Improved Production Technology for Dragon Fruit
Native to Central and South America, dragon fruit(Hylocereus undatus) or pitaya is gaining its own niche in the Philippine market.
Although this vine-line cactus is widely cultivated in Malaysia, Vietnam, and Thailand, where the weather is conducive for growing this humid-loving crop, it has reached the Philippines just recently. It has economic value and competitive advantage in the local fruit industry, so more and more Filipino farmers and fruit processors are getting interested in it.
Production technology, however, remains a major constraint since dragon fruit is relatively new in the country.
Thus in 2003, a technology demonstration on dragon fruit production was held at the Central Experiment Station of the Southern Mindanao Integrated Agricultural Research Center (SMIARC) in Manambulan, Tugbok, Davao City.
Funded by the Bureau of Agricultural Research (BAR) through its Agribusiness Development Project (ADP), the techno-demo project primarily aimed to showcase technology on the production of dragon fruit. Its objectives are also to mass propagate and distribute planting materials to regional research station and interested growers, and to determine its economic value. It is lead by Noel T. Estellena, SMIARC senior agriculturist and lead researcher for the ADP on dragon fruit.
SMIARC started establishing dragon fruit production in three-fourth hectare, and planting materials initially came from Indang, Cavite.
Among the technologies showcased in the experimental station were propagation by cuttings, appropriate distance of planting, use of concrete posts and indigenous materials as trellis for vine growth, application of organic fertilizer, and proper cultural management practices.
Estellena said that dragonfruit can be propagated through seeds or stem cuttings, but the latter is much preferred.
“We plant the cuttings in plastic bags for two months and then transfer them in an open field. The recommended planting distance is 3 m between posts and 4 m between rows,” he said
He added that proper distance of planting is important since narrower spacing results in quicker production than larger spacing.
Dragon fruit must be planted in an open field with direct exposure to sunlight. ,It is not good to plant the crop in areas where rainfall is well distributed. One technology that SMIARC uses in the plantation is the trellis method. Estellena said that the survival of the dragon fruit is in the trellis. Once the trellis collapses, the plant hardly survives.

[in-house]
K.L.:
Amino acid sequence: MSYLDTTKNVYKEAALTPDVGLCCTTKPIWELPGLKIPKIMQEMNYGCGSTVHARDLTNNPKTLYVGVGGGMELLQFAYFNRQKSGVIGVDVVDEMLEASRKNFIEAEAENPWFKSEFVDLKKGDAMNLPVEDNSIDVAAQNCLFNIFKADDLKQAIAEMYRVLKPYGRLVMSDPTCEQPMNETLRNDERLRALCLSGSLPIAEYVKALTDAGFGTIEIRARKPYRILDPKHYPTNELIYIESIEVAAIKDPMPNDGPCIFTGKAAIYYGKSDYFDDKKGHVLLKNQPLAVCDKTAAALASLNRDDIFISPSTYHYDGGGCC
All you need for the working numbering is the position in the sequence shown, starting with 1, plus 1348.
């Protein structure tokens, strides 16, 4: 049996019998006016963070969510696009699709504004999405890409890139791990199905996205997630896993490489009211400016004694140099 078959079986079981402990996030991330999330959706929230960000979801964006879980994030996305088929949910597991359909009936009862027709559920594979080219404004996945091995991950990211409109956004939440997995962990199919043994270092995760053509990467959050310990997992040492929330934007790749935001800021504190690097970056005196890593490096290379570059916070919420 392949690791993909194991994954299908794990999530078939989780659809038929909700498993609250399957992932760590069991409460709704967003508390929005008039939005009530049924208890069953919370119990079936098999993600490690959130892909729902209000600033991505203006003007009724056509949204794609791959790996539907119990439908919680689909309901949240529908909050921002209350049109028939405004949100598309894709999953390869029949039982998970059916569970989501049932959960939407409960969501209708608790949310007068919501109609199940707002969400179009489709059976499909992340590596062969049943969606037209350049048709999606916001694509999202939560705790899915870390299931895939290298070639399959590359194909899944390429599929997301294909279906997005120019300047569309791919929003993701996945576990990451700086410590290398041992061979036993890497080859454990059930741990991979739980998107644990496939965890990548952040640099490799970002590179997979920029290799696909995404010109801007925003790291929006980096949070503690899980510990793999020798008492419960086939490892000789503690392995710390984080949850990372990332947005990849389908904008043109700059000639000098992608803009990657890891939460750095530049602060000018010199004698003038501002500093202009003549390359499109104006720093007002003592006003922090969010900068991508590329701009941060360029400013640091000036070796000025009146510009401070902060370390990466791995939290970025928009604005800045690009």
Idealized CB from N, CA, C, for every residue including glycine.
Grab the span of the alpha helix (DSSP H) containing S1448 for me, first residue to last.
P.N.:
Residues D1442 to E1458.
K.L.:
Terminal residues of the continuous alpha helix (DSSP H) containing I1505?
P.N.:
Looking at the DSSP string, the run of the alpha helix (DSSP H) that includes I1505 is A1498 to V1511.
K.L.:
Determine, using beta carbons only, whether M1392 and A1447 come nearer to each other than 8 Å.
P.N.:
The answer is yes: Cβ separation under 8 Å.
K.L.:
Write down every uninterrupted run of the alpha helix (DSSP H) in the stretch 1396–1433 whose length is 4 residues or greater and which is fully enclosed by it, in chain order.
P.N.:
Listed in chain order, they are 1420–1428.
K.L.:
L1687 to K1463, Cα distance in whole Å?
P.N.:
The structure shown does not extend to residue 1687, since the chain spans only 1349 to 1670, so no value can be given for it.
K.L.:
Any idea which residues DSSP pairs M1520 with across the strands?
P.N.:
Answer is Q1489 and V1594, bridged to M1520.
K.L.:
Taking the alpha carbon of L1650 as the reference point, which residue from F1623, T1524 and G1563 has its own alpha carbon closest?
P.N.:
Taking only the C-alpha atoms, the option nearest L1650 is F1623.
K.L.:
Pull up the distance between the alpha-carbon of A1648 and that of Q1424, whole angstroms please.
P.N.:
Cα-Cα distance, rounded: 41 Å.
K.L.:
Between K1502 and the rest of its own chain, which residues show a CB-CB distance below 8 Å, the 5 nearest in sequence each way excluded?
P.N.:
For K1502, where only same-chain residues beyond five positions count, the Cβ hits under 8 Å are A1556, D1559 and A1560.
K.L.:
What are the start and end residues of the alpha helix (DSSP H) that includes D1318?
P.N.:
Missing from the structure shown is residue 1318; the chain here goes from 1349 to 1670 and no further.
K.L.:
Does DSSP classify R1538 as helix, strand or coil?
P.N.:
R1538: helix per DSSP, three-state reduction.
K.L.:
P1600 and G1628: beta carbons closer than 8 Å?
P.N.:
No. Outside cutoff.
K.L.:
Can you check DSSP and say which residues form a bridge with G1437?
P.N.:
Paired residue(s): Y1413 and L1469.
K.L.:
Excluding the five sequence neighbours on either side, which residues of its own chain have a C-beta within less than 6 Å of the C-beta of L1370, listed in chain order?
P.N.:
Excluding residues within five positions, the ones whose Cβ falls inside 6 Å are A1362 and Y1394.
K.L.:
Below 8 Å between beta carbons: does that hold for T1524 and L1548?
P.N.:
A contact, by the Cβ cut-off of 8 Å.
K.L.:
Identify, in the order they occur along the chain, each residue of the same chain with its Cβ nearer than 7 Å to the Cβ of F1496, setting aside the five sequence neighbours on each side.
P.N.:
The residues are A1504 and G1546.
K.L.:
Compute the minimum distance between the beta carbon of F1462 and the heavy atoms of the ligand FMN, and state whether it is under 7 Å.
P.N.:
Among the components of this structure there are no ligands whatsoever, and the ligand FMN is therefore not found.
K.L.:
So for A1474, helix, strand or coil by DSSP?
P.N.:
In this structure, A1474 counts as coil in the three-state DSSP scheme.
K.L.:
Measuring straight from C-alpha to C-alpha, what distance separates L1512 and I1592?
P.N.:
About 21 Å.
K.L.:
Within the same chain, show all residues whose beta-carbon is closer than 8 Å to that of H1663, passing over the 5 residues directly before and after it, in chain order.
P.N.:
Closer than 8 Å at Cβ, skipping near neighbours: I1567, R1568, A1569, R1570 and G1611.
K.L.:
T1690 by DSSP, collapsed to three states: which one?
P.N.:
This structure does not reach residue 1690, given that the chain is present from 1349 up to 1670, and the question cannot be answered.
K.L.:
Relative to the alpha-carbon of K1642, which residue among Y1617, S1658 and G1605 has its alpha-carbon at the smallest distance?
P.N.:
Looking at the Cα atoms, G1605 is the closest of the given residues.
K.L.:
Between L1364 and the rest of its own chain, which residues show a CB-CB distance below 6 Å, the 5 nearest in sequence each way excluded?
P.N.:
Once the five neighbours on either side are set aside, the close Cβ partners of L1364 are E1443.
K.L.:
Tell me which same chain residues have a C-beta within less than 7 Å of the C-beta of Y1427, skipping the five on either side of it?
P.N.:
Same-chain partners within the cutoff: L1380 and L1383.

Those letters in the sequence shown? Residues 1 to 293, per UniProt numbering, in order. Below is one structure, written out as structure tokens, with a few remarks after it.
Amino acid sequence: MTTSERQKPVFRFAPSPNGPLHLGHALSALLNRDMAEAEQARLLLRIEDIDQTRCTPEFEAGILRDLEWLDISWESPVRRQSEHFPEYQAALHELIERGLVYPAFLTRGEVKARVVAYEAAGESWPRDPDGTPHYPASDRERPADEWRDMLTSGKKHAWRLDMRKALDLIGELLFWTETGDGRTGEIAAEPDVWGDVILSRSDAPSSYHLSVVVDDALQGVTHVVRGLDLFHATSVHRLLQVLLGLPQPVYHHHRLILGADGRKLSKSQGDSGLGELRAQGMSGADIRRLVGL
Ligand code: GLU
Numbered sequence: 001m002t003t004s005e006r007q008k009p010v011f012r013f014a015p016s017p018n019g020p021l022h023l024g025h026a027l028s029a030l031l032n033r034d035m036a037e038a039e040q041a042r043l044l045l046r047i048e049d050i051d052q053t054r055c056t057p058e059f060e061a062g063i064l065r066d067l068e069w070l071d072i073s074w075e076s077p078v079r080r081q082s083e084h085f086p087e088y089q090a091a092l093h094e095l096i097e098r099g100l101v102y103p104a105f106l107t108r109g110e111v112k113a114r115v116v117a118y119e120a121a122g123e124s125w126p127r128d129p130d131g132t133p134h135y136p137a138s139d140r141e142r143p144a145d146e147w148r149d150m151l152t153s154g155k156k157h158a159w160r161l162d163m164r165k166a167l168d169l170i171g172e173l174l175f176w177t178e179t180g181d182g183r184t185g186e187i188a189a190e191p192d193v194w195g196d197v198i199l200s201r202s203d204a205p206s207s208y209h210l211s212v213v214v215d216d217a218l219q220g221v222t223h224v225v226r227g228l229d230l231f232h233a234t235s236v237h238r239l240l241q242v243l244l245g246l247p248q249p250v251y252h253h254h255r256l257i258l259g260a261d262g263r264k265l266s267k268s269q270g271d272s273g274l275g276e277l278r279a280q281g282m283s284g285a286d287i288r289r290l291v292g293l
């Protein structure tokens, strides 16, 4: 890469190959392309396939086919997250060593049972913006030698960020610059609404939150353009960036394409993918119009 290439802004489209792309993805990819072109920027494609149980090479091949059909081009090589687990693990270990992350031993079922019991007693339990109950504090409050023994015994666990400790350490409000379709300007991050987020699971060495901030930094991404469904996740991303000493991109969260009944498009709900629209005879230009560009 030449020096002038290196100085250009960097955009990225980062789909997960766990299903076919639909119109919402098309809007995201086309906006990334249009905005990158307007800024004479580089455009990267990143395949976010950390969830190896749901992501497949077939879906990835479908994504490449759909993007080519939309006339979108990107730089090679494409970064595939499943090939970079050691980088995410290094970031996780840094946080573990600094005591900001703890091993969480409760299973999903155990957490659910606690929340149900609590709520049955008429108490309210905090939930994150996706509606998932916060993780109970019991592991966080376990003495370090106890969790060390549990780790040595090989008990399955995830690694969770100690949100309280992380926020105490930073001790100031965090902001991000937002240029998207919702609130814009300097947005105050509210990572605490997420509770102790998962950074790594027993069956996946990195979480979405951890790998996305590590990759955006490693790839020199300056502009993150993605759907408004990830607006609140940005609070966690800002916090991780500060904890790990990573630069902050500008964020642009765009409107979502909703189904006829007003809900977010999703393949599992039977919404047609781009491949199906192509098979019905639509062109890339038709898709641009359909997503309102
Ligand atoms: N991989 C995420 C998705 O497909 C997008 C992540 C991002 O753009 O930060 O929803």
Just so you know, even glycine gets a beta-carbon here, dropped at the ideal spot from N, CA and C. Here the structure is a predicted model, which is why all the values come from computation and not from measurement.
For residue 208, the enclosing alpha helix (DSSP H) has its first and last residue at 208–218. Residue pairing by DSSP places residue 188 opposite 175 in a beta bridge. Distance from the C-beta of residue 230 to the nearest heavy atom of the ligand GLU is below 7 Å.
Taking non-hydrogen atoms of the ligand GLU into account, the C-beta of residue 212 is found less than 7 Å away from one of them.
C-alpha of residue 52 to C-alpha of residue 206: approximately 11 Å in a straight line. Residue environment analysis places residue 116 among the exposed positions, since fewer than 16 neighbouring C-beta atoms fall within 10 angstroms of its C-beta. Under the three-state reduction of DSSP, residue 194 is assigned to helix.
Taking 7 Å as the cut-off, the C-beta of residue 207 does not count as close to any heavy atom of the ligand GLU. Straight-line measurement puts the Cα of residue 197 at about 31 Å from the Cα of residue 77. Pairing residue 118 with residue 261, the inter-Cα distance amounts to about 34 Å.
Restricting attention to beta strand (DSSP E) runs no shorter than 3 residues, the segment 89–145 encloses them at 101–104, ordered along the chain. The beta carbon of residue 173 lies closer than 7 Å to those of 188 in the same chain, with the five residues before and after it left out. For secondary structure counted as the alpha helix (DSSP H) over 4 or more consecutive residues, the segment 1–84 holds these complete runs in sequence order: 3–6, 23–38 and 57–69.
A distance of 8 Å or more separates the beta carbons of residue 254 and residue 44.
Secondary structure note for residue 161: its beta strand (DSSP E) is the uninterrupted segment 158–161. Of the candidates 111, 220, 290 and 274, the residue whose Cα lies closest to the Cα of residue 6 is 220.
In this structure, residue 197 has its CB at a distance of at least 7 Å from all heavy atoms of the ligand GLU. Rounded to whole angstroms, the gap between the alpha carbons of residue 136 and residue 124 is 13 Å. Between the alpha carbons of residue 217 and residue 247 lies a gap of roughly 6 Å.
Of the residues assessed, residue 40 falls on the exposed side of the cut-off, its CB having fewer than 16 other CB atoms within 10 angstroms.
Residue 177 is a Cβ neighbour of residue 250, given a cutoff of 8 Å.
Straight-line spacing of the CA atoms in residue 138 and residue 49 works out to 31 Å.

The life span of dragon fruit is around 20 years, depending on the durability of the trellis. Concrete posts with iron round bar on top are used to support the plants. This has to be established three weeks prior to crop establishment. At the SMIARC, various indigenous materials such as madre de cacao, kalumpang, and magcuno tree are also used besides concrete posts.
Regarding nutrient management, a combination of organic and complete fertilizer (14-14-14) and urea (46-0-0) is applied. “We use more organic and more nitrogen. The ideal way is to apply fertilizer every three months, if possible. But what we do at the station is we apply every six months. We [fertilize each plant with] 2 kg of organic, 25 g urea, and 75 g complete fertilizer,” Estellena said.
He added that pruning is also important in the production of dragon fruit. Regular pruning, he explained, is necessary to obtain an open, manageable and productive umbrella shape canopy, and will induce new shoots for the next cropping season. It is also important to prune after harvest.
It would take about 26 months for the crop to bear fruits, and harvest must be done 35-40 days after the flower opening.
SUCCESS OF THE ADP PROJECT
The BAR recently visited the technodemo farm to document the success of the ADP project. Five years after its establishment, the farm is frequently visited by farmers and buyers in Davao City. And with the successful production technologies, more opportunities, both in production and marketing of dragon fruit, lie ahead.
The economic potential of dragon fruit is bright for it commands a very high price in he local market, says Estellena. It costs P120-P150 per kilo. He also said that a three-year-old dragon fruit farm can produce 5t/ha – 6t/ha worth P720,000, based on the cost of the fruit in the local market alone. No wonder that dragon fruit is now dubbed as the new money crop.
Presently, the group of Estellana is distributing planting materials to interested growers, besides demonstrating production technologies. In fact since the establishment of the techno-demo farm, the group has distributed around 3,000 seedlings/cuttings to sites in Nueva Ecija, Bohol, and Bukidnon for trial productions.
By Rita T. Dela Cruz